Job 12:12 Wisdom is with the aged, and understanding in length of days. 13 “With God are wisdom and might; he has counsel and understanding.

In John’s vision of Jesus, he saw

Revelation 1:13 and in the midst of the lampstands one like a son of man, clothed with a long robe and with a golden sash around his chest. 14 The hairs of his head were white, like white wool, like snow. His eyes were like a flame of fire, 15 his feet were like burnished bronze, refined in a furnace, and his voice was like the roar of many waters. 16 In his right hand he held seven stars, from his mouth came a sharp two-edged sword, and his face was like the sun shining in full strength. 17 When I saw him, I fell at his feet as though dead. But he laid his right hand on me, saying, “Fear not, I am the first and the last, 18 and the living one. I died, and behold I am alive forevermore, and I have the keys of Death and Hades.

The Ancient of Days is eternal, intrinsically pure, infinitely wise.

God’s Chariot Throne

Daniel 7:9 …his throne was fiery flames; its wheels were burning fire. 10 ​A stream of fire issued and came out from before him;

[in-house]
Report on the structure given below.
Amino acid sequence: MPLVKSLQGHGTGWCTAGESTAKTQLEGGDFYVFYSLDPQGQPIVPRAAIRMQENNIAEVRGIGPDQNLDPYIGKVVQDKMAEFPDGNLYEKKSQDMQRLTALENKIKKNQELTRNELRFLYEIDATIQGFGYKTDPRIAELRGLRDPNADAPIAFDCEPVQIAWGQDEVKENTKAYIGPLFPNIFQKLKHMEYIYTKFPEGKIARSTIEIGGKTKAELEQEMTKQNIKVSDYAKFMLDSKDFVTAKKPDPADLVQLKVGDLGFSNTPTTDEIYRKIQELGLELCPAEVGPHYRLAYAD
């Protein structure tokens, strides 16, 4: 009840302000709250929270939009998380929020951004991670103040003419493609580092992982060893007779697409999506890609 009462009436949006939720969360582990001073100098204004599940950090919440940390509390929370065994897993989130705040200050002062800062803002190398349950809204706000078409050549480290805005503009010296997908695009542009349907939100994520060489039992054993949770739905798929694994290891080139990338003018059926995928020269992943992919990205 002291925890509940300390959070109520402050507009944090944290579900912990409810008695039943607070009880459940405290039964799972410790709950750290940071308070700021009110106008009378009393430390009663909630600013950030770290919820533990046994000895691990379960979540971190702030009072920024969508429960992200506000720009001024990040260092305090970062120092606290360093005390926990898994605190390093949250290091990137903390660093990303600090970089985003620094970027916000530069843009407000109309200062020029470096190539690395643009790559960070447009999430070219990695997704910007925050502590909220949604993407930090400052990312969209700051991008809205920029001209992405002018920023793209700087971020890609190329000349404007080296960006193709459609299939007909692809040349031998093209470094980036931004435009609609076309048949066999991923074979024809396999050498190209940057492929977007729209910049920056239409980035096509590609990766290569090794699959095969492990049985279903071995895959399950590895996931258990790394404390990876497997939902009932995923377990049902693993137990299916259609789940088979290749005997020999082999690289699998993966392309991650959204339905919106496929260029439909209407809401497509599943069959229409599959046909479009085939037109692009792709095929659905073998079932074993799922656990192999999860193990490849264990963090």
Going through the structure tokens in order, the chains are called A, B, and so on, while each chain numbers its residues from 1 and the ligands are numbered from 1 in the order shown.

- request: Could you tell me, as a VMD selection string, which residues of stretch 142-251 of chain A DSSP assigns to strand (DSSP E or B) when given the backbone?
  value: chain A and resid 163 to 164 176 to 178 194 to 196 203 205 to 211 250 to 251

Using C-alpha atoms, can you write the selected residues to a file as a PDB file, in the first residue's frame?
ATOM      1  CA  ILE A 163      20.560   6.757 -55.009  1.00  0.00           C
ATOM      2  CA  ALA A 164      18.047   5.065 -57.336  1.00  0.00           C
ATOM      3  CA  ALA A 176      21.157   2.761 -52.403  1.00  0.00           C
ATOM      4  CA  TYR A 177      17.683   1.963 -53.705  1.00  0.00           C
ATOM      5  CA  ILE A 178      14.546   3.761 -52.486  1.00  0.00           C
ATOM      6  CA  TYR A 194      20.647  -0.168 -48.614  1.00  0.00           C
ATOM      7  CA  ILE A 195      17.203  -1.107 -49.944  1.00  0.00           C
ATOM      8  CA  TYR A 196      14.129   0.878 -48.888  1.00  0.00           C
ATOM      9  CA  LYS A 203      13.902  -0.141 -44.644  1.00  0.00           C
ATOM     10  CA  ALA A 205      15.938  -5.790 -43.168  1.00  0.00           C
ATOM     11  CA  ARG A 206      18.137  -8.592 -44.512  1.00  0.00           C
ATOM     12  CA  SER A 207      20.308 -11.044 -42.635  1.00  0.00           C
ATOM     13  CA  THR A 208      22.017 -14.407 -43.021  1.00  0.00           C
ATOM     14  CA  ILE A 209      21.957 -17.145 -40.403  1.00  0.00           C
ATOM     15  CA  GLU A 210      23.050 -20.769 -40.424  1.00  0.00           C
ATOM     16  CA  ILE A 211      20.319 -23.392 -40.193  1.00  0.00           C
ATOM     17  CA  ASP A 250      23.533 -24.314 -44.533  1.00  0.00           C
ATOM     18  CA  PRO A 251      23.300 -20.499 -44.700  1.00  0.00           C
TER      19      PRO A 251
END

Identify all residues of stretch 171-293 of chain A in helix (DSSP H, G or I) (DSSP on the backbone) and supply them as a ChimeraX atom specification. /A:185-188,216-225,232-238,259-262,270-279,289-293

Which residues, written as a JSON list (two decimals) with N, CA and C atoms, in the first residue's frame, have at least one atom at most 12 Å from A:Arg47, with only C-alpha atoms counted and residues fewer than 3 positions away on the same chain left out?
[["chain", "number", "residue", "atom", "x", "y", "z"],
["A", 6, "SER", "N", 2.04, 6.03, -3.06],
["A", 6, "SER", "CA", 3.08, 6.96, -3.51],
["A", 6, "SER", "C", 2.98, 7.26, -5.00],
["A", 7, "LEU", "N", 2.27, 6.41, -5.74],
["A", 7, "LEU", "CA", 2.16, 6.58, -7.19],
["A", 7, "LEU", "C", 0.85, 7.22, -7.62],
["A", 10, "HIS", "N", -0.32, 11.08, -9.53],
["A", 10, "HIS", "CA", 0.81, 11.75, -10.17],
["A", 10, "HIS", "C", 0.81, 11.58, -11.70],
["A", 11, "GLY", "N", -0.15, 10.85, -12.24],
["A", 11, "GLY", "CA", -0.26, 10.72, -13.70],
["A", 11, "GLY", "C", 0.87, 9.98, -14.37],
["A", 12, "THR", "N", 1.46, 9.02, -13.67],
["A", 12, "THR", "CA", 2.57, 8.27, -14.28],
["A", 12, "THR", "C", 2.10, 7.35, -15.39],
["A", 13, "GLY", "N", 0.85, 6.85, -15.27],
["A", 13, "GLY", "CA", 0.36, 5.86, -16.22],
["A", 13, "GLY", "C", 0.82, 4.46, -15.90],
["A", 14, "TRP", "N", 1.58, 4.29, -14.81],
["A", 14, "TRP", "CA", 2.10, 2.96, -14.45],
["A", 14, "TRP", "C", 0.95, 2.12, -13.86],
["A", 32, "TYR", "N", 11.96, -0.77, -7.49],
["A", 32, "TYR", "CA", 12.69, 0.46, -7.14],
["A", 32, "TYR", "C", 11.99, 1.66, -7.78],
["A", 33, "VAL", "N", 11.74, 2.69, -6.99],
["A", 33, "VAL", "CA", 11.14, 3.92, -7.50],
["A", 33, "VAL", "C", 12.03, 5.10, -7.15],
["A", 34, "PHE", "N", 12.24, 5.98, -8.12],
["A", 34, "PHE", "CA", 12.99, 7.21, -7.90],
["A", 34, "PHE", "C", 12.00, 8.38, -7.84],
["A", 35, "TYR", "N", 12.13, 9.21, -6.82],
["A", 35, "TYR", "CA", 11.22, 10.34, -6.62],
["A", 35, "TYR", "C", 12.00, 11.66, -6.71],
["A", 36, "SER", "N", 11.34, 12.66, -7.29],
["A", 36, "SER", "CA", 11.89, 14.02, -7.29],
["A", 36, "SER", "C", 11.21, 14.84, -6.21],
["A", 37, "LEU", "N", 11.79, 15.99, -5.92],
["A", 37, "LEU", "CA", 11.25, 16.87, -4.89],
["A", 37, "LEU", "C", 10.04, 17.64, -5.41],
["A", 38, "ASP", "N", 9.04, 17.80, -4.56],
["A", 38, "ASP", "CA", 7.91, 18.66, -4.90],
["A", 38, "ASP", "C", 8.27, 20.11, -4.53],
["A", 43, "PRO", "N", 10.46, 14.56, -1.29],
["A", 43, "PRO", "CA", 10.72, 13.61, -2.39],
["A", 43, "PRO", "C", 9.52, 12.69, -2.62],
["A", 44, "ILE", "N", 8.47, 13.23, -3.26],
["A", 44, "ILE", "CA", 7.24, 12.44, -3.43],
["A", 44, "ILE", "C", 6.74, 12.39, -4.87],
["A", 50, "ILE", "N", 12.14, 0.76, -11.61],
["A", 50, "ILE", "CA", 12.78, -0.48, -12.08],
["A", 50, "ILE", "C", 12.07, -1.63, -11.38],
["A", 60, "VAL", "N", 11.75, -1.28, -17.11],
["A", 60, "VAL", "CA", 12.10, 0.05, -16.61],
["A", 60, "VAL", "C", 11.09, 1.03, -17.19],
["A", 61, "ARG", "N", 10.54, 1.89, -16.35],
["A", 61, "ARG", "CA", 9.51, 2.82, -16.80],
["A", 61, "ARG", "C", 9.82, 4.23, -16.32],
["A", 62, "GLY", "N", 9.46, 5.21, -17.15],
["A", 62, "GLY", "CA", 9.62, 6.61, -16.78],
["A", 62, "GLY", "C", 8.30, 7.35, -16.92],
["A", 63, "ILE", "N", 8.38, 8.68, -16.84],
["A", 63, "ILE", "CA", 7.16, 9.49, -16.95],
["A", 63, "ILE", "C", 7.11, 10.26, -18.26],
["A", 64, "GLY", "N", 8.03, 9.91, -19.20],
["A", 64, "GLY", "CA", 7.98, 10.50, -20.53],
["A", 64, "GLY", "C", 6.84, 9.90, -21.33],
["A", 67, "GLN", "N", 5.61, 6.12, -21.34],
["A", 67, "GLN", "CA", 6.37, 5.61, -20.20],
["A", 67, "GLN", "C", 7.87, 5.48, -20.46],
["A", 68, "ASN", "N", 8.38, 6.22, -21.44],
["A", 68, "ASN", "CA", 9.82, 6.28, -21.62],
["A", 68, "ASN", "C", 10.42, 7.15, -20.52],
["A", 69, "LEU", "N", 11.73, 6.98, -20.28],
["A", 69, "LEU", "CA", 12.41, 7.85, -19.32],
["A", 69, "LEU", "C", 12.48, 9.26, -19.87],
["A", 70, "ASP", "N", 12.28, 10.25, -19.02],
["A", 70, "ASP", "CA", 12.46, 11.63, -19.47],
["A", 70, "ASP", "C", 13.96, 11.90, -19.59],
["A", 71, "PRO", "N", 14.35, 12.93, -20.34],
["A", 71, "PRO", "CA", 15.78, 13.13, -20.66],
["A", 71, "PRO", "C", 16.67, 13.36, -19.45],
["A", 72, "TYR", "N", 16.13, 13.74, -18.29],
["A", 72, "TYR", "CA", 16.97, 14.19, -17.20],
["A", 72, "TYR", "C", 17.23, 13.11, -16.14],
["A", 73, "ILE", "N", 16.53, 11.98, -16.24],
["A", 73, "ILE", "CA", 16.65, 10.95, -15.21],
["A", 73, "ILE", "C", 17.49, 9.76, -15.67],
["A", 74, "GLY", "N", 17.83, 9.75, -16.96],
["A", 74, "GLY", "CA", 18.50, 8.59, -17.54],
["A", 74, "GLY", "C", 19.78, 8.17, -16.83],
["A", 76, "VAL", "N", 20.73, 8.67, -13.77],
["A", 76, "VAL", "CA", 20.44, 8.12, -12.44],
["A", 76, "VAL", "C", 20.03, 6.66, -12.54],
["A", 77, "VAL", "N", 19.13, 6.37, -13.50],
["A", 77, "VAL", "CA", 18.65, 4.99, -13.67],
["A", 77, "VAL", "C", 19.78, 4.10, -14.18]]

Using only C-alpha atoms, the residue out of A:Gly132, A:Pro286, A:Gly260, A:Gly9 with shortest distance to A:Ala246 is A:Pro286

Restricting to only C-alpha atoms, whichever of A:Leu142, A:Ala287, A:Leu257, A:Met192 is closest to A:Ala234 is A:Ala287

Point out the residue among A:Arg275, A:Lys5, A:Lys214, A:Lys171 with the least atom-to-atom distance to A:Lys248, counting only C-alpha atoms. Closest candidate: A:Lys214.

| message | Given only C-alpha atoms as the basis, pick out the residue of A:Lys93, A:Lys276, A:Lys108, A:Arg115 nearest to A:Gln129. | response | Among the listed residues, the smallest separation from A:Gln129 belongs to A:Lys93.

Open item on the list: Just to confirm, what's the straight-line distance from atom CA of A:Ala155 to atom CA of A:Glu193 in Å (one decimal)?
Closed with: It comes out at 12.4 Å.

God’s throne has wheels. The image here is of God’s war chariot, his chariot throne. In Exodus, God instructed the Israelites to make the ark or box containing the covenant with the lid or mercy seat, made with gold cherubim, to be placed in the inner sanctuary of the tabernacle.

Exodus 25:20 The cherubim shall spread out their wings above, overshadowing the mercy seat with their wings, their faces one to another; toward the mercy seat shall the faces of the cherubim be. 21 And you shall put the mercy seat on the top of the ark, and in the ark you shall put the testimony that I shall give you. 22 There I will meet with you, and from above the mercy seat, from between the two cherubim that are on the ark of the testimony, I will speak with you about all that I will give you in commandment for the people of Israel.

This was God’s symbolic throne, from which he would instruct his people. It is interesting that 1 Chronicles, describing Solomon’s temple, uses the word ‘chariot’;

1 Chronicles 28:18 …also his plan for the golden chariot of the cherubim that spread their wings and covered the ark of the covenant of the LORD.

In Psalm 18, in response to a cry for help to the LORD, it ssys: